Artistamp No. 23 acts as a catalogue for Matthew Rose’s show “Weekend Plans” at the Karuizawa New Art Museum. Each sheet is signed, dated, rubber-stamped, and numbered. A total of 100 were made, half of which went to the opening in Japan.
Matthew lives and works in Paris, France. He is known widely for his collage works and wall-to-wall, ceiling-to-floor installations, he graduated from Brown University (1981) with a degree in Semiotics/Linguistics. Influenced by Americans Ray Johnson, Jasper Johns, Joseph Cornell, and a handful of French surrealists, Rose works late hours ripping apart paper and bits of text to remake contemporary life into what the artist calls his “theory of everything.”
Have you designed a stamp before?
My first stamp was a collage using clip art and French text glued to a rectangle of black cardboard: A boy emerges from a public pool, wipes himself down and addresses a girl on a chaise lounge. He announces (in French) : “Moi, je viens pisser dans la piscine.” Translation: I come to piss in the pool. This was produced in 1990. I mailed the original to a French artist friend, Michel Hosszu, who designed the stamp sheet and printed up 1000 of them.
I’ve since produced several stamp sheets including Wet Ain’t, 1995, edition of 1000, unnumbered (pictured below) and Rubens Rounding Third, 2009, A3 size, edition of 1000, signed, numbered, and dated (both of these are pictured below). The first draft of “Rubens” was entered into the Oxacca Museum of Stamp Art in Oxacca, Mexico and earned 1st prize and an award of $5000. This stamp sheet showed a baseball player stopping in mid-run fascinated by a Rubens nude.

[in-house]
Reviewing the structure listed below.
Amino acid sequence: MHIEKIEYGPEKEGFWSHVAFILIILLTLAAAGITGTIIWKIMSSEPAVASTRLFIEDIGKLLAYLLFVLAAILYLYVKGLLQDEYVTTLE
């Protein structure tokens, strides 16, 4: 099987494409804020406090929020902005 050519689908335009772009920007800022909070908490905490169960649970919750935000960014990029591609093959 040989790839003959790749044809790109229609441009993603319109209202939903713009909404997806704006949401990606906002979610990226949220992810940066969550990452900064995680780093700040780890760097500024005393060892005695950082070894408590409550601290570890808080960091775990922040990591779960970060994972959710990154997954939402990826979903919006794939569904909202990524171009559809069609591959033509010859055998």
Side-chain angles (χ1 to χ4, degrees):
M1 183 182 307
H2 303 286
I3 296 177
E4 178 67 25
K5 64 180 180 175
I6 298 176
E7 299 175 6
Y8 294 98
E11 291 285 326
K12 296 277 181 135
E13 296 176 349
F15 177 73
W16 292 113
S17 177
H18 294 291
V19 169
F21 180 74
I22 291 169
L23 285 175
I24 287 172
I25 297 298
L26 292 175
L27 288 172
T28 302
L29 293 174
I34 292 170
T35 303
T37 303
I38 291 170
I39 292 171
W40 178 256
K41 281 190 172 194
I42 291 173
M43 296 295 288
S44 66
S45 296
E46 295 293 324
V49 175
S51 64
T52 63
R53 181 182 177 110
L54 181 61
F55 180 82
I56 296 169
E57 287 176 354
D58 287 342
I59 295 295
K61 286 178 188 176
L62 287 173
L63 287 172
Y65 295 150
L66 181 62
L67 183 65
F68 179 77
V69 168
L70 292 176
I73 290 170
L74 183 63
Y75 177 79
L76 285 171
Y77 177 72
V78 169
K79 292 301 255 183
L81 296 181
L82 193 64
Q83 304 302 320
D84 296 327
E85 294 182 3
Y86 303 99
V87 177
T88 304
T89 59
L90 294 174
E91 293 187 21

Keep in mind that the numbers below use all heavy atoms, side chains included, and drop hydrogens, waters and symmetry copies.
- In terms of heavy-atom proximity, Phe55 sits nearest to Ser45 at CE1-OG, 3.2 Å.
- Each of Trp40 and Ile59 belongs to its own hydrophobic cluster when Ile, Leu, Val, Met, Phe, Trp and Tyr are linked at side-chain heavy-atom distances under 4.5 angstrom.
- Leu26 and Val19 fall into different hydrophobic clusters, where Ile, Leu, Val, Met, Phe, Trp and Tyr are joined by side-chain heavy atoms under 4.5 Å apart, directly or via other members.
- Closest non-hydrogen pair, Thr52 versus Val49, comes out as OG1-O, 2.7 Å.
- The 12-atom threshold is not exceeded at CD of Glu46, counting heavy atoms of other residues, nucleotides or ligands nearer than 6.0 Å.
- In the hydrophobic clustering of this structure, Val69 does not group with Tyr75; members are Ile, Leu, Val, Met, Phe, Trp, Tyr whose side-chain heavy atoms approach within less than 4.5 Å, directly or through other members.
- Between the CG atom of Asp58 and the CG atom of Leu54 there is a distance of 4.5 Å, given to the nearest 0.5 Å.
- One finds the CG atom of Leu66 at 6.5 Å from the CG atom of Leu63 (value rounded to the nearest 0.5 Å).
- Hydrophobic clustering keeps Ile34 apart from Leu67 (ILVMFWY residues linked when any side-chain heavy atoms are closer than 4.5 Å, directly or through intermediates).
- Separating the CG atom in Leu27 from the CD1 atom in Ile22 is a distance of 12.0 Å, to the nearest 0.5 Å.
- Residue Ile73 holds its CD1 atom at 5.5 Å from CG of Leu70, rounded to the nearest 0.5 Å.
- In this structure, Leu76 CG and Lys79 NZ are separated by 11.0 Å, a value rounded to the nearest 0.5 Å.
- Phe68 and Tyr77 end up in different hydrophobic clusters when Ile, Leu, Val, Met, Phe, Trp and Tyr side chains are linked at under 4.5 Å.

How was this different? What were the most interesting or fun aspects of designing these poster stamps?
I loved working with Niko and The Portland Stamp Company because we collaborated on the mini catalog of my series “Weekend Plans” in nearly real time. I produce a great deal of work and then trying to organize them into readable interesting aesthetic documents is not always easy. We tried to create rhythm through the rows so that the eye would move easily and discover how one piece related to its neighbor, above, below, to the left, to the right. Weekend Plans will debut in Tokyo this December at the Karuizawa New Art Museum (7 December 2019 – 13 January 2020) – the original collages and these stamp sheets, each signed and dated and numbered.
Tell us about the art. Did you create something new for this stamp?
I created the originals in about a two week period (there are about 100 works). It was a blur of activity but each piece brought together kitsch French pornography and wedded it to a range of cartoon material and other somewhat absurd elements to redefine what weekend plans (an obsession for man) could possibly be. They are fun, surreal, sexy, and possibly insane.
Making stamps out of them allows me to push them out into the world in a vastly different way – something more public (as they potentially could be mailed), and possibly embarrassing for all. What we do on our weekends and the plans—sexy or not, are loaded. In a way, perhaps, these are stamps that tell of the secret life of postmen, postwomen), letter writers, and letter readers. Perhaps they will help get us off of email and back to making the trip the post office again.
Rubens Rounding Third, 2009, artistamp by Matthew Rose. He has about 300 of these available. Inquire with him directly via Instagram if you are interested.
Wet Ain’t (Little Rose), 1995, artistamp by Matthew Rose. Matthew has perhaps twenty of these remaining. Inquire with him directly if you are interested.